What’s brilliant about the “Shabbanukah” dinners in particular is that they are so completely yours. You started planning weeks in advance, your dinners are intentionally crafted to include elements of both Shabbat and Hanukkah, and you’ve already reached out to ask your friends and their friends to join you. Any way you spin it, a great miracle is happening here.

In response, we offer resources about the origins of Hanukkah and its place in the Jewish canon. We’re helping you make connections between Shabbat and Hanukkah direct from the sages, who embedded the discussion of Hanukkah in the Talmud amidst debates concerning Friday night candle lighting in tractate Shabbat. You’re talking about the blessings for hadlikat nerot shel Shabbat, and how so many of us sing it to Hanukkah nusach year round. You’re discussing why we celebrate the miraculous oil for eight days when, if you think about it, we had enough oil to last for one day so the miracle is really only seven days. (I know. Sit with that one for a sec.)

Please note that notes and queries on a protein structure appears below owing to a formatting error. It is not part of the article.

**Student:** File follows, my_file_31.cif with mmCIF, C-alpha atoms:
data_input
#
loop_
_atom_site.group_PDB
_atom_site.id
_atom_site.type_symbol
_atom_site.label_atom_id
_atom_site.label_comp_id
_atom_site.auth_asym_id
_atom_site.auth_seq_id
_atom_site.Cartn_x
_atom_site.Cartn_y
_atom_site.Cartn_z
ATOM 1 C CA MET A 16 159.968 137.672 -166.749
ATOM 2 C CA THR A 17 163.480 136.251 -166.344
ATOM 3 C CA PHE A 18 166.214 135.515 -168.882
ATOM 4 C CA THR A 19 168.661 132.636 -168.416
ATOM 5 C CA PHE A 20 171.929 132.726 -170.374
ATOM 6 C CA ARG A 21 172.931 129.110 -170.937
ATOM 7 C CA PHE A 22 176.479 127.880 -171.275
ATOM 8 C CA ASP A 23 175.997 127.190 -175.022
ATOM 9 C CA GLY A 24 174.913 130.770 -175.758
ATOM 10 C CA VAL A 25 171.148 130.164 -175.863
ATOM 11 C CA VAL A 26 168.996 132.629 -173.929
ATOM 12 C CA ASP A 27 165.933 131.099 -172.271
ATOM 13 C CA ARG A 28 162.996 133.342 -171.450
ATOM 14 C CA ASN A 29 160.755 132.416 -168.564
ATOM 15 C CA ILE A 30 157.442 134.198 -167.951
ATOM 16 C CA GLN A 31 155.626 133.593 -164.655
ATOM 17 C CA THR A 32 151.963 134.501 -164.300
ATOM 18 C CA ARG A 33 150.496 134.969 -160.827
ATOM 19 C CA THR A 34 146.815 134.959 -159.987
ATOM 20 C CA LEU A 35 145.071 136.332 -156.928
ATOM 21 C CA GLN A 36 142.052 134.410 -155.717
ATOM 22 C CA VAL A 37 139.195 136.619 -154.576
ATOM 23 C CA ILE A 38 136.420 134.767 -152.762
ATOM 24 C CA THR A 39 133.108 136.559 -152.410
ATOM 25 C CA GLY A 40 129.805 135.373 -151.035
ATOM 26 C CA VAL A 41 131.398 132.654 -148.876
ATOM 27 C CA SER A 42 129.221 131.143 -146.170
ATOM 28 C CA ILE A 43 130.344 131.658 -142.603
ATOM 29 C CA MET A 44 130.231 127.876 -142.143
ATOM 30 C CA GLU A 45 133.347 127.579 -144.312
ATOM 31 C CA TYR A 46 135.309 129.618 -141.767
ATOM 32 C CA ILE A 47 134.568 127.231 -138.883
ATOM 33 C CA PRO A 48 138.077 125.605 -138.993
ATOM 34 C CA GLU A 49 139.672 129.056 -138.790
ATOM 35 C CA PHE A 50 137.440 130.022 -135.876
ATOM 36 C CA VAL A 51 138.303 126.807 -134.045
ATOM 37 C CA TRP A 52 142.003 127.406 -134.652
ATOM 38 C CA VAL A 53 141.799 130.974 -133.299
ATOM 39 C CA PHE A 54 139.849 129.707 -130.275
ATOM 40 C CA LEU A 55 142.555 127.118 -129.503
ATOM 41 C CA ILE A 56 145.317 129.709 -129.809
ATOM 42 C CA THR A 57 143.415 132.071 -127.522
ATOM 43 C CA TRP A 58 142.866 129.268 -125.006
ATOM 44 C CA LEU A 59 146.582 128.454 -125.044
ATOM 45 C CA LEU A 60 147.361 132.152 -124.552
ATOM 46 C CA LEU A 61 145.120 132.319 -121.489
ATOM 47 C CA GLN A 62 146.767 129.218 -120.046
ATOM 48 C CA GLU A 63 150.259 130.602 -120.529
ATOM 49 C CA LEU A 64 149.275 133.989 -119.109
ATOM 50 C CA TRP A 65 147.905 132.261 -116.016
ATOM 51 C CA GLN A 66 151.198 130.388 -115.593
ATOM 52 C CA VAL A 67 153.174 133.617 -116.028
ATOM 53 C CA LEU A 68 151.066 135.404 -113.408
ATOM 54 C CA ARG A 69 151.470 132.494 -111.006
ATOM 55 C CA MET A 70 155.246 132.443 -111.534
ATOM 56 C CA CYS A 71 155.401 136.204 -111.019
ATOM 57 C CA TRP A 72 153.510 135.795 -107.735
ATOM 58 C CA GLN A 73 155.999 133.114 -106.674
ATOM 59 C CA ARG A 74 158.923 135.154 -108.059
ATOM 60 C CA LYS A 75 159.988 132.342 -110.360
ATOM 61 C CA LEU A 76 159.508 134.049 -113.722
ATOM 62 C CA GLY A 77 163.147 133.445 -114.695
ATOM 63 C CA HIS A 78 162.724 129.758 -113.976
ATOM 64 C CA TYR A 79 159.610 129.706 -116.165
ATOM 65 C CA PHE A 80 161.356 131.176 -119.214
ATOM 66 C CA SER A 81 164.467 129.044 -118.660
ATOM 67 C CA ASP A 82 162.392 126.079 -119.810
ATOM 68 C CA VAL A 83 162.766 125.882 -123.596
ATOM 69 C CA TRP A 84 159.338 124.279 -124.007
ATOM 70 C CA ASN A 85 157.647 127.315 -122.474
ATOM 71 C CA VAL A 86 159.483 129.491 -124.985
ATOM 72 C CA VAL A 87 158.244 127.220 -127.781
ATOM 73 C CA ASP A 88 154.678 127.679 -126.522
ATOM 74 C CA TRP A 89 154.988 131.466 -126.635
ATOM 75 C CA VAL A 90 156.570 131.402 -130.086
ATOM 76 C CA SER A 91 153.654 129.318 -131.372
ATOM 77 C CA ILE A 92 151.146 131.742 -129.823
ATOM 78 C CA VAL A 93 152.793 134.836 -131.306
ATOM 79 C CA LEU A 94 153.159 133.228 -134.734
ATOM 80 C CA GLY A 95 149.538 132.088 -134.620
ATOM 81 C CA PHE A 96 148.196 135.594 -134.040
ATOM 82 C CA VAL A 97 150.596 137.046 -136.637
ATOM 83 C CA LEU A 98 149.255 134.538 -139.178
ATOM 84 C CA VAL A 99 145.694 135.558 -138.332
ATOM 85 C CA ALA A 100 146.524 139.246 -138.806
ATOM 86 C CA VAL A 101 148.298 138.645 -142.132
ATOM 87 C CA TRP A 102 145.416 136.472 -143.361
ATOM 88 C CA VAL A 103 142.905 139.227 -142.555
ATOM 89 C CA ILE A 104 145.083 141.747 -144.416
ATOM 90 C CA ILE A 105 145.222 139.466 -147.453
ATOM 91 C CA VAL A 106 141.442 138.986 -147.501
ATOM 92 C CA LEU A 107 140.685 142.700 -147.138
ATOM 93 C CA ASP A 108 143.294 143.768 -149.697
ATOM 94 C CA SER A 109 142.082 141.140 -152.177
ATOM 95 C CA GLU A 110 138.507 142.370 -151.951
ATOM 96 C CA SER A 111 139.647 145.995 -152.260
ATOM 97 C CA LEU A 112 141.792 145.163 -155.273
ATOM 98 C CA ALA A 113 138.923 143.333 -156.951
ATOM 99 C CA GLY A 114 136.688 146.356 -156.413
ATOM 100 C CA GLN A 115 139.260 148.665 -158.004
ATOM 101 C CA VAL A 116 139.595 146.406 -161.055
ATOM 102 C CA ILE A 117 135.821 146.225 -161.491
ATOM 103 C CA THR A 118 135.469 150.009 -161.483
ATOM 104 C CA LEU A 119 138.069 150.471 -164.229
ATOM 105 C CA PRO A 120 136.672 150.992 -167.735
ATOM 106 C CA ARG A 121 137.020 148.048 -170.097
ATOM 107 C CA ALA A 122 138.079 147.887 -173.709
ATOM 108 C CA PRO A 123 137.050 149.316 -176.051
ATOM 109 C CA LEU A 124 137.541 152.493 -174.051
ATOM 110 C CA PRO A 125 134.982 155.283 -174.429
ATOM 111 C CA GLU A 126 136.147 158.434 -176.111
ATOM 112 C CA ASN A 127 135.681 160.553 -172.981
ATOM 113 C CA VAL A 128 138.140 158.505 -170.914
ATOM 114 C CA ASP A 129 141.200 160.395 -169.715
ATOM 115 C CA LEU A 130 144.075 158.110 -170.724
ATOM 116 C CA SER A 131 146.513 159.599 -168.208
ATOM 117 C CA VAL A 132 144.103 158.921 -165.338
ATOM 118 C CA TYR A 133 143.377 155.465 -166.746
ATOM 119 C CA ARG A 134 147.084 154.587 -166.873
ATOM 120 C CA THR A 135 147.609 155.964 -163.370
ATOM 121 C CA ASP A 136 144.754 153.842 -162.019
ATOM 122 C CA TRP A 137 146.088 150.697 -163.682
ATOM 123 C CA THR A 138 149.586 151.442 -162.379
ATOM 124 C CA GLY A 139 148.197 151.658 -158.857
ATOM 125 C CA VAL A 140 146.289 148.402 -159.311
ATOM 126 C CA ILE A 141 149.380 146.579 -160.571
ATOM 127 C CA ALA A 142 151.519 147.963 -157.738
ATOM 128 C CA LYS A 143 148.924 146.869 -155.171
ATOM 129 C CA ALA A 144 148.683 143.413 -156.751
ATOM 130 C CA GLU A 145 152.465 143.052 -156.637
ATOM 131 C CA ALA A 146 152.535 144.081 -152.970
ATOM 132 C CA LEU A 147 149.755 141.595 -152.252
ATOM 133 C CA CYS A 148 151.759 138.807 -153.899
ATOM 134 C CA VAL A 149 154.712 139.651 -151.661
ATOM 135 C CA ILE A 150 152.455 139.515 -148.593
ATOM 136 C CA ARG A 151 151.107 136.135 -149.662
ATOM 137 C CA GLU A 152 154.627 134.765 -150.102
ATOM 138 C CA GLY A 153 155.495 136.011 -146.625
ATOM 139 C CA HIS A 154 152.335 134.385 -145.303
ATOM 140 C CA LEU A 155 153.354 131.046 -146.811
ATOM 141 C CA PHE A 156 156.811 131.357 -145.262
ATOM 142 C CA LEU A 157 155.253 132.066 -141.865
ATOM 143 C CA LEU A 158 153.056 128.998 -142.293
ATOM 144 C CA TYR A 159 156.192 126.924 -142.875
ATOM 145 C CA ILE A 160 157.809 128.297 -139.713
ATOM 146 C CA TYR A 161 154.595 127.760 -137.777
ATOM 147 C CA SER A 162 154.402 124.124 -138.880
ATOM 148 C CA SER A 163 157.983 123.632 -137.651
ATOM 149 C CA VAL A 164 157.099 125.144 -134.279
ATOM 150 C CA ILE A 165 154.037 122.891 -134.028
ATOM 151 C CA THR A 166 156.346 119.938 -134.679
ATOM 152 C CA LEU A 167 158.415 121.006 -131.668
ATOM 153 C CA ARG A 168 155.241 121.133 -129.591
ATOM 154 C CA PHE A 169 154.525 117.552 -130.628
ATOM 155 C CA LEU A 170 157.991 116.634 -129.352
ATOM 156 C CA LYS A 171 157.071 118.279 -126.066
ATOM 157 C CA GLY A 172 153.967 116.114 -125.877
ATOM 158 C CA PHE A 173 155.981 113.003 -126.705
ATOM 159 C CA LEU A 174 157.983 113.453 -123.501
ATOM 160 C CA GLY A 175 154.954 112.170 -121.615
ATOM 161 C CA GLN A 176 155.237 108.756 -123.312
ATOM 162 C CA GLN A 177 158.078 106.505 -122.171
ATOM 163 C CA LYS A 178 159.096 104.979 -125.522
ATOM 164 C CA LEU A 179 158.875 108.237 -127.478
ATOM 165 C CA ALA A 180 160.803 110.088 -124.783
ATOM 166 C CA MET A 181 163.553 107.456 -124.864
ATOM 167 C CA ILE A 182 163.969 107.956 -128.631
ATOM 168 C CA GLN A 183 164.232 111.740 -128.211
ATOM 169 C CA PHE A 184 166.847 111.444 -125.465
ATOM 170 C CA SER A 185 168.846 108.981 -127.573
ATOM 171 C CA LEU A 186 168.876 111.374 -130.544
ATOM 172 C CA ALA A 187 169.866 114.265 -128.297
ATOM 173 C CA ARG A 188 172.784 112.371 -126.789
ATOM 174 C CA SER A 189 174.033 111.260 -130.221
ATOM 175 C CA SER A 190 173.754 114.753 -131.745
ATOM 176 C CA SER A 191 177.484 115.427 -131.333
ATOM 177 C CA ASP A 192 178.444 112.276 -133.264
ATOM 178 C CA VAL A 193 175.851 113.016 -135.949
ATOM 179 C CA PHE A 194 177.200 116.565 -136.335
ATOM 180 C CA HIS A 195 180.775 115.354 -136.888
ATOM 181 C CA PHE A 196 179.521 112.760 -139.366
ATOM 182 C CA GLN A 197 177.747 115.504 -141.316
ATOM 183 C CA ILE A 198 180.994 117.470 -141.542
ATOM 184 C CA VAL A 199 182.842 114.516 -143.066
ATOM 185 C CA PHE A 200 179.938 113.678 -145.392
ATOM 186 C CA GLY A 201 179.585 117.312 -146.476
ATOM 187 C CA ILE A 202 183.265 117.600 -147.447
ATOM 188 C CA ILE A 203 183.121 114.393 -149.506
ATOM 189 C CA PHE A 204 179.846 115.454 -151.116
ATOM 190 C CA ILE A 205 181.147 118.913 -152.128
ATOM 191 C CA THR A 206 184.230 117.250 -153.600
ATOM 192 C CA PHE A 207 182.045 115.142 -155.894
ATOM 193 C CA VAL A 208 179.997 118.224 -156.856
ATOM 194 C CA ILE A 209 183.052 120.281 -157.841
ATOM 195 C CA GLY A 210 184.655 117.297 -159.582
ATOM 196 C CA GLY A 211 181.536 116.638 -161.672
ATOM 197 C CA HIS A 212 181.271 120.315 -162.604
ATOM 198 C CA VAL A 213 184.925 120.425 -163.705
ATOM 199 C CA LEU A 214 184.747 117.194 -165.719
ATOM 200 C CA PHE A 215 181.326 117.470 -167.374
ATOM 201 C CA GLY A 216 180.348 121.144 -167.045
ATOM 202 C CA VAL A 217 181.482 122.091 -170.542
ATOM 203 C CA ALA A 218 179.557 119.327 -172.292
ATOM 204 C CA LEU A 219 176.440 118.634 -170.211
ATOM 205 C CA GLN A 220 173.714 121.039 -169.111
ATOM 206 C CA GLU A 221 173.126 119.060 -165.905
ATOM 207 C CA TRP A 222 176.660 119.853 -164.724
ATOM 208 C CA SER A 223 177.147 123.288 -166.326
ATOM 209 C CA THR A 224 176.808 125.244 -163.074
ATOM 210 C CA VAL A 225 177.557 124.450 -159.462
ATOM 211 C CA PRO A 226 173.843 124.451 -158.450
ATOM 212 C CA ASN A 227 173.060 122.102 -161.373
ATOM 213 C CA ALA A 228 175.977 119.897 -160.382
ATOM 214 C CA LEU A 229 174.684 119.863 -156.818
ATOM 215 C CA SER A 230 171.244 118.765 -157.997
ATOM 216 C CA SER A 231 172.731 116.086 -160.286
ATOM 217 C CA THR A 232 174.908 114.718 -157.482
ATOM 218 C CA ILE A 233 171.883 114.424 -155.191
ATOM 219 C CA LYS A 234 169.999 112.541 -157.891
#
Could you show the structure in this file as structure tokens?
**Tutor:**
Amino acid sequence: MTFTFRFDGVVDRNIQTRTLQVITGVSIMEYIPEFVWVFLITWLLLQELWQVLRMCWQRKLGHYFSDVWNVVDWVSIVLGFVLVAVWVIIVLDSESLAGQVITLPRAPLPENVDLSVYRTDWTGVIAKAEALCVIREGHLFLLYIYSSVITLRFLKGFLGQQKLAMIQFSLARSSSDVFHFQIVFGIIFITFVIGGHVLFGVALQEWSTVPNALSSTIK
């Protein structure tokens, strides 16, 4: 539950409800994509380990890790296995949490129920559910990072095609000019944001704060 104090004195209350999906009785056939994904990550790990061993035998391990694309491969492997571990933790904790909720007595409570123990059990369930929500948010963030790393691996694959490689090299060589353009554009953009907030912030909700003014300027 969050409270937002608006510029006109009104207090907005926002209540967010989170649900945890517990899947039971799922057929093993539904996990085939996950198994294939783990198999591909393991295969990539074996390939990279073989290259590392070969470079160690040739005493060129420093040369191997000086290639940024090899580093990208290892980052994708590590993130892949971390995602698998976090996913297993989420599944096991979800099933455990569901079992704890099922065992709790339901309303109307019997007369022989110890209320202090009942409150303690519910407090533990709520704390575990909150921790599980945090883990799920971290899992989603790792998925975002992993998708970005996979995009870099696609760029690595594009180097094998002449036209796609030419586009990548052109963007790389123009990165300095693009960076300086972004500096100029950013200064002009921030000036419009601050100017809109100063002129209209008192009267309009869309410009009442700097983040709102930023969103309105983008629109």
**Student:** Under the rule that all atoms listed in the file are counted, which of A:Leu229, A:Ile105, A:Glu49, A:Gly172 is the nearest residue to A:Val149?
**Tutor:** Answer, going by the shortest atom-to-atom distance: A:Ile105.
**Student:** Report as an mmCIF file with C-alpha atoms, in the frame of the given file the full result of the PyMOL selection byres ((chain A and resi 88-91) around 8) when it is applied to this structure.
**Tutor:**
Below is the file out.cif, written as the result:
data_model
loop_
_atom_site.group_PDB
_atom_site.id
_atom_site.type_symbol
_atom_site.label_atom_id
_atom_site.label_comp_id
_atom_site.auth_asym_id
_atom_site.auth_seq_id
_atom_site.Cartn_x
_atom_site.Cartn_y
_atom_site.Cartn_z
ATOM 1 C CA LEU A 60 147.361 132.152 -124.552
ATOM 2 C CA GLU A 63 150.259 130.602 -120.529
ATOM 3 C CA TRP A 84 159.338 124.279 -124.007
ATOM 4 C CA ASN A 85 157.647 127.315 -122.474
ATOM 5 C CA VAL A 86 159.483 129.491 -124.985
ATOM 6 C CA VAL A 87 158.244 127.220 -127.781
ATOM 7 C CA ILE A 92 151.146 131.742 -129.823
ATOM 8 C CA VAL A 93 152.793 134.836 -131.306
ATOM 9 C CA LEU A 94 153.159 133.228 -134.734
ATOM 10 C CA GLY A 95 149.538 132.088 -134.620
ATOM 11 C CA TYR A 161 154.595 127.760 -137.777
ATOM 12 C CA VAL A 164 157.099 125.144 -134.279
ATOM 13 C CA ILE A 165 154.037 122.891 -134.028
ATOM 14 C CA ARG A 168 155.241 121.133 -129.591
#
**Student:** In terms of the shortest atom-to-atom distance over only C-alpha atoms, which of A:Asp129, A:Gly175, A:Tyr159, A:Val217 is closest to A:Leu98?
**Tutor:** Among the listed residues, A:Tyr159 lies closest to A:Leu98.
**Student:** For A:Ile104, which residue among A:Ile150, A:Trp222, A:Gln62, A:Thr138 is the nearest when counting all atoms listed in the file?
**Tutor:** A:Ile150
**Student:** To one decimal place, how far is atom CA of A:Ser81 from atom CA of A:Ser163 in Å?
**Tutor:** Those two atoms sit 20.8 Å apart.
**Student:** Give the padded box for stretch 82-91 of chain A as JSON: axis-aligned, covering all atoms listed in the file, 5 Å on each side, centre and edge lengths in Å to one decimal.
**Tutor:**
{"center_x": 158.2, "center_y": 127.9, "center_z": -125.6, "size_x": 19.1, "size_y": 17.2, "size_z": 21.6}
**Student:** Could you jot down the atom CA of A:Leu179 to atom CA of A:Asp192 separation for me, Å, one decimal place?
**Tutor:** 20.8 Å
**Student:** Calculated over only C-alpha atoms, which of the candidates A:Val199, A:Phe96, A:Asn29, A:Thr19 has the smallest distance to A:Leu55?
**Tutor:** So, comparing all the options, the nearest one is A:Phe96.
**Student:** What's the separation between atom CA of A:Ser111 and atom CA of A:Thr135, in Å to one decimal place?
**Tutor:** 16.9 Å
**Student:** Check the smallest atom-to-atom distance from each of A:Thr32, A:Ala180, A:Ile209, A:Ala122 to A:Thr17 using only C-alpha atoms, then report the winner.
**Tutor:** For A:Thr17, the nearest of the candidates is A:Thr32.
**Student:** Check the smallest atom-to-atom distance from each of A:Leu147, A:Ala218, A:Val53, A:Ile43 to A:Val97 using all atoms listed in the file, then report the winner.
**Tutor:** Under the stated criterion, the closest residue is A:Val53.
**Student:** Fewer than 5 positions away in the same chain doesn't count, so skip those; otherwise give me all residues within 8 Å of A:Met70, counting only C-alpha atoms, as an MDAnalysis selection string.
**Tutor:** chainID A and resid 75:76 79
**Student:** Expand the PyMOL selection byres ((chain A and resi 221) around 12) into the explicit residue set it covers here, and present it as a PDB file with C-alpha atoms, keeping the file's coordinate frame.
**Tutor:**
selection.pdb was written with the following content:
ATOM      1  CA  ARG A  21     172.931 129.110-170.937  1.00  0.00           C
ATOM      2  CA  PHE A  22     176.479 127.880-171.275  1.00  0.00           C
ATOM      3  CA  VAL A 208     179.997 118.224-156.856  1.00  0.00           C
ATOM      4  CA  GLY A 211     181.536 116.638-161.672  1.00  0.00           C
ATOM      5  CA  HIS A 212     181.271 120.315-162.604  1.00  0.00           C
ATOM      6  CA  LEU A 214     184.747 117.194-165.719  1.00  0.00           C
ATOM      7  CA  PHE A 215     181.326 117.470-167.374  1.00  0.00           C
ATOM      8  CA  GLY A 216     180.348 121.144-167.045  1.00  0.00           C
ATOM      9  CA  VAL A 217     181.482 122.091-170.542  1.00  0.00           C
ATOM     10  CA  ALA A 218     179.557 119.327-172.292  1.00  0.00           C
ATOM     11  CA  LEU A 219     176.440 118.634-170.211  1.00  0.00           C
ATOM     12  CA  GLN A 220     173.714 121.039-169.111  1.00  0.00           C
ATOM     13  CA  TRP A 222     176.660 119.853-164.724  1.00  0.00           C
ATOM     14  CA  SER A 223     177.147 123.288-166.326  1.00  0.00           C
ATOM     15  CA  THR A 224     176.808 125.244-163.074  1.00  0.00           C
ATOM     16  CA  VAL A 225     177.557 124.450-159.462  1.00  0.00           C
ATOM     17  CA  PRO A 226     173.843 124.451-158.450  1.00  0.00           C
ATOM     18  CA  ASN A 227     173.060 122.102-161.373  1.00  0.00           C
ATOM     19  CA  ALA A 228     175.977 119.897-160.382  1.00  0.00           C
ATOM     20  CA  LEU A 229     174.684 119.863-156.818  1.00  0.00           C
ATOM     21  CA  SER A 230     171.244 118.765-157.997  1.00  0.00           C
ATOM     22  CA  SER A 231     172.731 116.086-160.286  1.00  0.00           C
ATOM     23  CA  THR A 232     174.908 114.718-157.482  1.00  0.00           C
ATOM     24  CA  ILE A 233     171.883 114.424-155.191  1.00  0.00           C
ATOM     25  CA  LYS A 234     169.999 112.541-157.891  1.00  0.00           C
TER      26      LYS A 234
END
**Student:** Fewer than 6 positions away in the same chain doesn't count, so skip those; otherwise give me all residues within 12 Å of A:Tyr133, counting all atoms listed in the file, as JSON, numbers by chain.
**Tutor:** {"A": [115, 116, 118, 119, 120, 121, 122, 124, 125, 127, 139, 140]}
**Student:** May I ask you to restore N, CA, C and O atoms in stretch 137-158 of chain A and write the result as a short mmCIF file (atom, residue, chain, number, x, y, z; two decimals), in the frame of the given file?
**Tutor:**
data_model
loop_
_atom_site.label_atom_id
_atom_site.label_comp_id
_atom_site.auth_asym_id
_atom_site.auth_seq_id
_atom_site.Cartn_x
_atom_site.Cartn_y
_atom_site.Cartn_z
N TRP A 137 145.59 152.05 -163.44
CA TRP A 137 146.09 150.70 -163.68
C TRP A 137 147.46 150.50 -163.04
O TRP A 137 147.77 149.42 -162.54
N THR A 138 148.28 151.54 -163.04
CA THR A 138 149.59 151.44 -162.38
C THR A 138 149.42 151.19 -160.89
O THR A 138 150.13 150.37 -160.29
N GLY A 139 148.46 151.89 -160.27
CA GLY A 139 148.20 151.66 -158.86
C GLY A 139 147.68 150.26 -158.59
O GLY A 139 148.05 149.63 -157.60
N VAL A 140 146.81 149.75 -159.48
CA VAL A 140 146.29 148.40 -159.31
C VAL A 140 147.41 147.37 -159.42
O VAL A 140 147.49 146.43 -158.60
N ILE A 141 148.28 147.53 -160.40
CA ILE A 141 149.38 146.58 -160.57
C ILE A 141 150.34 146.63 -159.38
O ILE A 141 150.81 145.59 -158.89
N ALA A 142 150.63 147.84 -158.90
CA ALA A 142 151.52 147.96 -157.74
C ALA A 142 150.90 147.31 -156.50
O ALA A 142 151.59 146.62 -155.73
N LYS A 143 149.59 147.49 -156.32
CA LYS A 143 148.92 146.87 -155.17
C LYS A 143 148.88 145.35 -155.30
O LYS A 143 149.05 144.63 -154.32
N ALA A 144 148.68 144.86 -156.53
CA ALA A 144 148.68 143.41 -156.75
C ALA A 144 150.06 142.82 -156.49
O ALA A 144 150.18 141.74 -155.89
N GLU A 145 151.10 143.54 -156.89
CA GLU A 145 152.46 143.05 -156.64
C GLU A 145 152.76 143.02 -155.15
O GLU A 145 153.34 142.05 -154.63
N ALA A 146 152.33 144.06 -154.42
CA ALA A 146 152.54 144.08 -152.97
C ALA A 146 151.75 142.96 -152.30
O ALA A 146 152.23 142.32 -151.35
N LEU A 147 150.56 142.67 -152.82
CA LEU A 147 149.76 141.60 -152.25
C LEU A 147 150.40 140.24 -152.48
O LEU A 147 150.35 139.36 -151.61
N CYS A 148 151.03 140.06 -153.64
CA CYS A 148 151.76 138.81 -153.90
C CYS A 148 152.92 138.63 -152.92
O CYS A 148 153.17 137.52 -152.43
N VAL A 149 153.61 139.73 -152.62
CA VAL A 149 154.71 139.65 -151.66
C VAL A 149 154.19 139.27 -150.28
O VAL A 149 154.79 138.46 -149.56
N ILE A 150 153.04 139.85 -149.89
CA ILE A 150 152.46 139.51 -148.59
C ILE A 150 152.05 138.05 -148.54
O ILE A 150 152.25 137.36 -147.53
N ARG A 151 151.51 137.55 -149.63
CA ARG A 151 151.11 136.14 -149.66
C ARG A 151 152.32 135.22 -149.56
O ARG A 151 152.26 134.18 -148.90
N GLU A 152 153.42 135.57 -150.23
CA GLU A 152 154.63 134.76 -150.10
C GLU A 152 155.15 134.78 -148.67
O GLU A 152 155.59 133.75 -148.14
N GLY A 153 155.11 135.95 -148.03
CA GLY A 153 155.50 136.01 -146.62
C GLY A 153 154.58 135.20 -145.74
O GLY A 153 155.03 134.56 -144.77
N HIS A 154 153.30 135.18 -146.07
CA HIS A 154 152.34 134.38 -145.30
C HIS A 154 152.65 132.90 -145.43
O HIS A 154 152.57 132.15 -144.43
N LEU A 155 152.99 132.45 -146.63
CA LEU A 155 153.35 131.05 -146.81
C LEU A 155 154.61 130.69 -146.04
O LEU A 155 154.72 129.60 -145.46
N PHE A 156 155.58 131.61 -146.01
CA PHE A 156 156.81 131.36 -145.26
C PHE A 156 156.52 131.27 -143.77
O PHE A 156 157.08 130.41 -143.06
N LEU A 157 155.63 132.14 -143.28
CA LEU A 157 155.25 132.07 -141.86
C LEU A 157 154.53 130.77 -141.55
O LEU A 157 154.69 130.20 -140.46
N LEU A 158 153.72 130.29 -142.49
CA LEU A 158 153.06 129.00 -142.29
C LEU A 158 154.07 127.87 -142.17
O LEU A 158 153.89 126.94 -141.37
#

You’re also having a broader conversation about religious fundamentalism then and now, and whether or not Judah and his brothers are winners after all. You’re comparing the narrative of the martyrs from Maccabees II and the tractate of Gittin because those stories are wild (and what’s the deal with the mom dying in one version but not the other?). And you’re learning that we just might celebrate Hanukkah for eight days because when the Jewish people finally rededicated the Temple after vanquishing the forces of Antiochus, the first thing we did was catch up on the holidays and celebrate the eight-day festival of Sukkot.